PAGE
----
The 3,000-word email posted on the company’s news site for all the world to see sums up an array of goals for the company, among them dividing work and private data on devices, speed developing new products, creating new devices and device categories, and support for competitors’ applications and operating systems.
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The overriding object is to enhance productivity, a term he hopes to redefine. “We will shift the meaning of productivity beyond solely producing something to include empowering people with new insights” he says.
Nadella is injecting productivity into his mantra of “mobile first, cloud first”: “Microsoft is the productivity and platform company for the mobile-first and cloud-first world,” he writes.
“We will reinvent productivity for people who are swimming in a growing sea of devices, apps, data and social networks. We will build the solutions that address the productivity needs of groups and entire organizations as well as individuals by putting them at the center of their computing experiences.”
Spearheading this productivity will include apps and devices that can split data used for work from that used for personal purposes on the same device. “Apps will be designed as dual use with the intelligence to partition data between work and life and with the respect for each person's privacy choices,” Nadella writes. “They will be built for other ecosystems so as people move from device to device, so will their content and the richness of their services – it's one way we keep people, not devices, at the center.”
Much of the productivity drive, though, relies on upgrading and expanding existing products and services. For example, Microsoft will continue to make hardware, defying criticism that the company made a mistake with its Surface tablet/laptop combo devices and made a further mistake buying Nokia’s cellphone business. Some on Wall Street have suggested that Microsoft ought to sell off its Xbox gaming business.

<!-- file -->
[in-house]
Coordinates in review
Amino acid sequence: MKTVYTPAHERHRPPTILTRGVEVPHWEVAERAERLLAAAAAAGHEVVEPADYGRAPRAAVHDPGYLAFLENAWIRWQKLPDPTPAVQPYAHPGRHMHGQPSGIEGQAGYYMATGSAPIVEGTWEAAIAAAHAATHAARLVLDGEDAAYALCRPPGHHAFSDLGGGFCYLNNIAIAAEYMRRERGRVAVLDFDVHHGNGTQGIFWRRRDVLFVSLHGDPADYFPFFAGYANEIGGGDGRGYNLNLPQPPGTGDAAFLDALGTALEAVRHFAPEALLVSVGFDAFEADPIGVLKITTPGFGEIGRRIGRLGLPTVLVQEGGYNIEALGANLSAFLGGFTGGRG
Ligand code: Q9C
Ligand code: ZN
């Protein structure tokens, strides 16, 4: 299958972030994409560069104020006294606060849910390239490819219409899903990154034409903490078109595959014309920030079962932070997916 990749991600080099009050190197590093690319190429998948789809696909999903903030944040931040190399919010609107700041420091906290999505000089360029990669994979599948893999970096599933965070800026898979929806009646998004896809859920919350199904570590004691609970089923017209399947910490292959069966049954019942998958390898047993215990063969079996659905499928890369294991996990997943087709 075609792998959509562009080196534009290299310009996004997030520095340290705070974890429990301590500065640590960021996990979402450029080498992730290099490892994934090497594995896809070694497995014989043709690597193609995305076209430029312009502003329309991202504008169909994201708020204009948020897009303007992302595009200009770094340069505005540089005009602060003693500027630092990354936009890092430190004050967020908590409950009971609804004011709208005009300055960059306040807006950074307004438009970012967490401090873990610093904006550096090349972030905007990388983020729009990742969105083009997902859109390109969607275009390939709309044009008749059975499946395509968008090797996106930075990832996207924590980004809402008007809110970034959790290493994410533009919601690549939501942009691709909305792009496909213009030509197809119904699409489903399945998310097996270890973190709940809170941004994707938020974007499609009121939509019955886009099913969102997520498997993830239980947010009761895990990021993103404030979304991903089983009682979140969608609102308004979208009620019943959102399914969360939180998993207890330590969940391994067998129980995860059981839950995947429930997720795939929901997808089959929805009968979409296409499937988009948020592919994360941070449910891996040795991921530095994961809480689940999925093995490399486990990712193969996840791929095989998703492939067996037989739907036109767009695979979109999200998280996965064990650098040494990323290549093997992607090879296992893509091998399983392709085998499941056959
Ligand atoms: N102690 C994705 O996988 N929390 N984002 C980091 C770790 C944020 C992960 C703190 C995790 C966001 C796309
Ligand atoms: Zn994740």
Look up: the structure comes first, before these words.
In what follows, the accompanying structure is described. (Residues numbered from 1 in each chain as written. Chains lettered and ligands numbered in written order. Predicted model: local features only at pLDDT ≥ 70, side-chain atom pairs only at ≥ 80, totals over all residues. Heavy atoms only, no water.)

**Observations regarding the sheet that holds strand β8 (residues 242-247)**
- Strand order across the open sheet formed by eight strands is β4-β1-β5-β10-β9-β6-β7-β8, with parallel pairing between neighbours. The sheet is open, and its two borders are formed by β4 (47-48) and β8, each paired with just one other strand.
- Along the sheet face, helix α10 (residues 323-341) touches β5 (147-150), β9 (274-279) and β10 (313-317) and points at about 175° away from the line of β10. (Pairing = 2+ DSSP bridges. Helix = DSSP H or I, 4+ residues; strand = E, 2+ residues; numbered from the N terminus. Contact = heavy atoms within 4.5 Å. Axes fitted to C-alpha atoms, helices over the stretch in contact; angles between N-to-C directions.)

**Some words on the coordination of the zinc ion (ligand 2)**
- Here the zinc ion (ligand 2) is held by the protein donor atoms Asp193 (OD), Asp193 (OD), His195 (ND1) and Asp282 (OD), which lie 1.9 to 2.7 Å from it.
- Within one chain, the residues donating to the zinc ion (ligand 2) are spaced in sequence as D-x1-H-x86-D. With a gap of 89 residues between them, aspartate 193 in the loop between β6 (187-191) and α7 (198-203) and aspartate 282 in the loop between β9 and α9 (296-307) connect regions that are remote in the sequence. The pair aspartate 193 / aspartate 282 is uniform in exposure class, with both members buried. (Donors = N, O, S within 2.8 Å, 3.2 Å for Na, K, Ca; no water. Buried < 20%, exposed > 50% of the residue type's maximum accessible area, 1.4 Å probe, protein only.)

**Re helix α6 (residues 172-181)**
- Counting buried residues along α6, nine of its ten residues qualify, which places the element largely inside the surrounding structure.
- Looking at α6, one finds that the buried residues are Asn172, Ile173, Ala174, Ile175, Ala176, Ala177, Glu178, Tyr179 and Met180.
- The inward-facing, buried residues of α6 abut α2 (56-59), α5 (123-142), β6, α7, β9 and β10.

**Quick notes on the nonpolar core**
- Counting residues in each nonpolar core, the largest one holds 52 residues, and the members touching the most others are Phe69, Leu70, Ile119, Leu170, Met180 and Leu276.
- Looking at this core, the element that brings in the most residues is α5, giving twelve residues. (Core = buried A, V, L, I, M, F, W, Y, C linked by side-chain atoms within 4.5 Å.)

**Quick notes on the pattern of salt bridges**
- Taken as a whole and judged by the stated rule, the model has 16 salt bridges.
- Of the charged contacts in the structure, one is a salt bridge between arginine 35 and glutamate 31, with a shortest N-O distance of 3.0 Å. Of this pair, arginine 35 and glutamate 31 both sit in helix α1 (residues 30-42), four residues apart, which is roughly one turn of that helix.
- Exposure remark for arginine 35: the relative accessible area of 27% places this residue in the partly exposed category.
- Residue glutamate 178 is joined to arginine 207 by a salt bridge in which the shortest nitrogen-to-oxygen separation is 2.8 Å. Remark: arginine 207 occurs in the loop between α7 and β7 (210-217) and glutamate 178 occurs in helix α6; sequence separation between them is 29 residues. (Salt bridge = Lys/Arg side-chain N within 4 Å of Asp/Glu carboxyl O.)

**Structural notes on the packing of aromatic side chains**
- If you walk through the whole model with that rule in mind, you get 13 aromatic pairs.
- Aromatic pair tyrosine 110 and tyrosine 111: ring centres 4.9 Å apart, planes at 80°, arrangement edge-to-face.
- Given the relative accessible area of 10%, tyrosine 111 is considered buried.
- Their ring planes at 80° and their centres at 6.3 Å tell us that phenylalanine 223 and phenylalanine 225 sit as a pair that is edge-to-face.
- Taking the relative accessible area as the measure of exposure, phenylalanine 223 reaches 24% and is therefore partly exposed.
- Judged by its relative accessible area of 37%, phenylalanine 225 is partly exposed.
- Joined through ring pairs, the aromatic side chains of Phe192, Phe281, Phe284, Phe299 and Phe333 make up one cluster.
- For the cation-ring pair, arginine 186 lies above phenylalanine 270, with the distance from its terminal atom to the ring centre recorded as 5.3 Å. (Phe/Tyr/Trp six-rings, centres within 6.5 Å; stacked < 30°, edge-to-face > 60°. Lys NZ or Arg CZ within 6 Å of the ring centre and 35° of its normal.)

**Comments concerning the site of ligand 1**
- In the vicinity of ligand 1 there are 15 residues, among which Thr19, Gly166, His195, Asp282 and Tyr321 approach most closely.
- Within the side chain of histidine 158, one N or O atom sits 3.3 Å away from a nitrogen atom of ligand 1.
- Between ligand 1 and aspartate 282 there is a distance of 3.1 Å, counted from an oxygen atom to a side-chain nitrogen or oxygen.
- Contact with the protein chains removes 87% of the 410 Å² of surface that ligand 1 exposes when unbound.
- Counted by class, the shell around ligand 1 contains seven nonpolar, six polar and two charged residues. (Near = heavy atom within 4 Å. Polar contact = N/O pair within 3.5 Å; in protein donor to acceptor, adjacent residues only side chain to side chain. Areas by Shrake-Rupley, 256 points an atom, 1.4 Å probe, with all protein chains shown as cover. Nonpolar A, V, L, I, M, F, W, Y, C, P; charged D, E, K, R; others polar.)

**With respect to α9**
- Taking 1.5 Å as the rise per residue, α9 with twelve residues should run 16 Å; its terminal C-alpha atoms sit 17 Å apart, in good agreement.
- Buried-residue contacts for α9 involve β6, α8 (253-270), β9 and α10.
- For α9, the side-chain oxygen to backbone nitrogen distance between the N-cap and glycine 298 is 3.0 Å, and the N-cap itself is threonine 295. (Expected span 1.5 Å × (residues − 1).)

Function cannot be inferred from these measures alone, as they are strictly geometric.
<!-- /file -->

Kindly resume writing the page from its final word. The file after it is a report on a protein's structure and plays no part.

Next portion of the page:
But Nadella ignores the naysayers. Surface Pro 3 “is the world's best productivity tablet,” he writes. “[W]e will build first-party hardware to stimulate more demand for the entire Windows ecosystem. That means at times we'll develop new categories like we did with Surface. It also means we will responsibly make the market for Windows Phone, which is our goal with the Nokia devices and services acquisition.”
As for Xbox: “Bottom line, we will continue to innovate and grow our fan base with Xbox while also creating additive business value for Microsoft.”
Microsoft will continue upgrading its cash cow Windows operating system and Office productivity suite, while encouraging businesses to move more of their infrastructure into the cloud via Office 365 and Azure, he writes.
“The combination of Azure and Windows Server makes us the only company with a public, private and hybrid cloud platform that can power modern business. We will transform the return on IT investment by enabling enterprises to combine their existing datacenters and our public cloud into one cohesive infrastructure backplane,” he writes.
That’s not new - Nadella introduced it himself as the Cloud OS two years ago when he was president of Microsoft’s Server and Tools business – but it’s important: “Our cloud OS represents the largest opportunity given we are working from a position of strength.”
Reaching these goals will require “fundamental cultural changes,” Nadella says, and that means shaking up the organizational structure and individual job responsibilities. “Over the course of July, the Senior Leadership Team and I will share more on the engineering and organization changes we believe are needed.”
These changes will enable Microsoft to speed up development times, addressing the criticism of Microsoft’s board that Nadella’s predecessor, Steve Ballmer, moved too slowly. “Every team across Microsoft must find ways to simplify and move faster, more efficiently,” Nadella writes. “We will increase the fluidity of information and ideas by taking actions to flatten the organization and develop leaner business processes.”
He says that through the end of this calendar year the company will invest in training and create chances to work on new and innovative projects, but that means individuals must be read to rethink what they do and how they do it. “I have also heard from many of you that changing jobs is challenging,” he writes. “We will change the process and mindset so you can more seamlessly move around the company to roles where you can have the most impact and personal growth.”
Tim Greene covers Microsoft and unified communications for Network World and writes the Mostly Microsoft blog. Reach him at firstname.lastname@example.org and follow him on Twitter@Tim_Greene.